Hackpen Hill 1999

Bert Janssen

The 1999 Hackpen Hill formation was definitely one of the most intriguing crop circles of this season. From the very moment of its appearance everyone seemed to be caught by its pattern: a pattern that seemed to be consisting mainly of overlapping and/or touching spirals. And a pattern that - according to many - would be taking a lot of thought before actually being deciphered.

Which turned out to be true... It took me quite a while before I had figured out how this formation worked. I tried every possible spiral, but with no satisfactory result.

Then, all of a sudden, it dawned to me. It's not made of spirals, it's made of circles!

From that moment on, things became quite easy. The whole geometry of the formation even turned out to be ridiculously simple!

This is how it works.

The basis is formed by a hexagon with a circle around it and a circle within.

This basic hexagon can be constructed by means of the 'basic figure' that I showed in my article "Back to Basics".

We now construct the next four circles:


The first circle has its centre on one of the angular points of the hexagon (see right arrow), and touches the inner circle (see left arrow).


This second circle has its centre on the next angular point of the hexagon (see right arrow), and it crosses the opposite angular point (see left arrow).


The third circle has its centre on the angular point opposite of the centre of the first circle (see left arrow). This third circle touches the first circle as shown in the diagram.


We now construct a fourth circle in exactly the same way we constructed the third circle. This time however, we take the second circle as our starting point.

(See diagram).

This set of four circles can be constructed again. While doing that, we shift all of the centres exactly two angular points (120 degrees).

In the same manner we can construct a third set of four circles, by which we have covered all of the angular points of the hexagon.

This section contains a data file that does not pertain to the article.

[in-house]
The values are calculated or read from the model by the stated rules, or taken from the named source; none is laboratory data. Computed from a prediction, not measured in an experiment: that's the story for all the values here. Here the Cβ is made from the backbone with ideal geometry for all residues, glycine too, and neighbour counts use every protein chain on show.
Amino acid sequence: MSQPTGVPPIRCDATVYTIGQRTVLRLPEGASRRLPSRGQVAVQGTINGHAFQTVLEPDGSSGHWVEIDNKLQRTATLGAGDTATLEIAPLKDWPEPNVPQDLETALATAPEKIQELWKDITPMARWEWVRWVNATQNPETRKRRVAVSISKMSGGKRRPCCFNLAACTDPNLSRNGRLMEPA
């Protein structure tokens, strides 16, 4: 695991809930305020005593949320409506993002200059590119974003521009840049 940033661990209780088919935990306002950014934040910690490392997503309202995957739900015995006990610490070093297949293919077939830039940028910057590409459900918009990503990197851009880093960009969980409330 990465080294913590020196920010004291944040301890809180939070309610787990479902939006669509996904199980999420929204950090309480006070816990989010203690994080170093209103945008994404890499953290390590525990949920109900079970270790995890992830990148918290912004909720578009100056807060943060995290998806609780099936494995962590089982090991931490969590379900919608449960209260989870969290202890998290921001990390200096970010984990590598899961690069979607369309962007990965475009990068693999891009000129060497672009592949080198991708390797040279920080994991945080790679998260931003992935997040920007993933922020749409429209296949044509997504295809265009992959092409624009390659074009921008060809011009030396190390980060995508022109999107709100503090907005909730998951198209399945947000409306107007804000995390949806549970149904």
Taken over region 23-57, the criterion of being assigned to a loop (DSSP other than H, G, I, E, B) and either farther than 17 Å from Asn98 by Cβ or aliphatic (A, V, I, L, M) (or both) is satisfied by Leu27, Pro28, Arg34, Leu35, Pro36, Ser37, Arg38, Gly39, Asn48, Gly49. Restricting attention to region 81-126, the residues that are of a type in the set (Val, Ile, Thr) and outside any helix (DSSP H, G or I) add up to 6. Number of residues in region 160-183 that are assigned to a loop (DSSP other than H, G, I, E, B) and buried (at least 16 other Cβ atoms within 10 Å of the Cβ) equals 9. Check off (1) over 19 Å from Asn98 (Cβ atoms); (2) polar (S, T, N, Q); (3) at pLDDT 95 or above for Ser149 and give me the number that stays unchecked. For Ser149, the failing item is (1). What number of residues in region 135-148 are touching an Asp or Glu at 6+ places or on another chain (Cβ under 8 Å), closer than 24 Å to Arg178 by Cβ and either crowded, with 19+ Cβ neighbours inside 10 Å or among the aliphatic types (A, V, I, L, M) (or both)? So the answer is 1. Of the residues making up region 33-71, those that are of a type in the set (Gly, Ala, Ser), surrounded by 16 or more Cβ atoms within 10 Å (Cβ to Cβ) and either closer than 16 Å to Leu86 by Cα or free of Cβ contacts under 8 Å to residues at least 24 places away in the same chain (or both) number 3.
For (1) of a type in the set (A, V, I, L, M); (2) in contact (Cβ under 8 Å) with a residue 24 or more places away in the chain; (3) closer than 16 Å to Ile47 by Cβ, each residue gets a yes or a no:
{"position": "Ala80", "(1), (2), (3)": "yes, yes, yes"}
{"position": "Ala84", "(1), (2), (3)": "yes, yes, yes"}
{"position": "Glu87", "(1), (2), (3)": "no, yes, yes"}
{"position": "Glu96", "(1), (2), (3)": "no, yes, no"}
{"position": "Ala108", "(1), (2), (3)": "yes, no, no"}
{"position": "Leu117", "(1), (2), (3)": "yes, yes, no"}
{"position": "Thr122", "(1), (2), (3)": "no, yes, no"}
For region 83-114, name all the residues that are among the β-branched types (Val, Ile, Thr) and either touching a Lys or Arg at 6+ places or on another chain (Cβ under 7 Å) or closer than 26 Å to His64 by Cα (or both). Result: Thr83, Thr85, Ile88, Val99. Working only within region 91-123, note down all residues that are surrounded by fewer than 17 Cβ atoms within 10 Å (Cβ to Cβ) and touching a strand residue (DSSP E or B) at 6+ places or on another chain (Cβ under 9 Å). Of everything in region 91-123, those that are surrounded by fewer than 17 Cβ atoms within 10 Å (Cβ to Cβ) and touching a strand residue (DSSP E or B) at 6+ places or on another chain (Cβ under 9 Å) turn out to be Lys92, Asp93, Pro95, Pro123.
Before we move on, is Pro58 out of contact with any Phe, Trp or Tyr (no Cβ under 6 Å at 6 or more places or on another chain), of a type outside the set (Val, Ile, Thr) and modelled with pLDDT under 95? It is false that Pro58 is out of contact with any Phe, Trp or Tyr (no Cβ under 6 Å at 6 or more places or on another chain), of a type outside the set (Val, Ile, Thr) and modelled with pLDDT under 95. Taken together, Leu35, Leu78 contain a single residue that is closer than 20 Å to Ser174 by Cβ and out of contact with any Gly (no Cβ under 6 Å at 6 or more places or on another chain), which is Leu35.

The next diagram shows the result.

(Every set of four circles has its own colour).


Per set of four circles we only have to construct one fifth circle in order to complete the lot. In order to do this, we have to return to the central hexagon. In this hexagon we construct a hexagram. Within this hexagram we once again construct a hexagram (see diagram):

The necessary circles can be constructed in the following way:

The fifth circle (that belongs to the four circles of the blue set) has its centre point on the intersection that's been indicated by the right arrow. The circle touches the inner circle of the hexagon, as indicated by the left arrow.

In exactly the same way we can construct the fifth circle of the green set and the fifth circle of the red set.

We have now constructed every necessary circle.

The total result looks as follows:

By taking the correct parts of the circles, we get the following diagram:

This diagram forms the principle of the 1999 Hackpen Hill formation. At first sight it doesn't seem to be entirely correct, since there are no overlapping and/or touching 'spirals'. The red lines however show us the middle of the various pathways. By broadening these lines, by giving them the actual size of the pathways, we create the following figure:


All of a sudden we see overlapping and/or touching 'spirals'.

In other words:

The 1999 Hackpen Hill formation is not constructed out of spirals, but out of circles.

One should notice that this formation seems to be based on three-fold geometry; in reality however, it is based on six-fold geometry, as can be deducted from the above analysis.

In a future article I will analyse a few other 1999 formations.

I will then try to show what those formations would look like if they were three-dimensional. In order to give you a taste of what I mean, I transformed a fantasy dumb-bell into a three-dimensional figure (see diagrams).

Text and diagrams: Bert Janssen, (c) 1999

Copyright: Bert Janssen, 1997

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Bert Janssen & Janet Ossebaard

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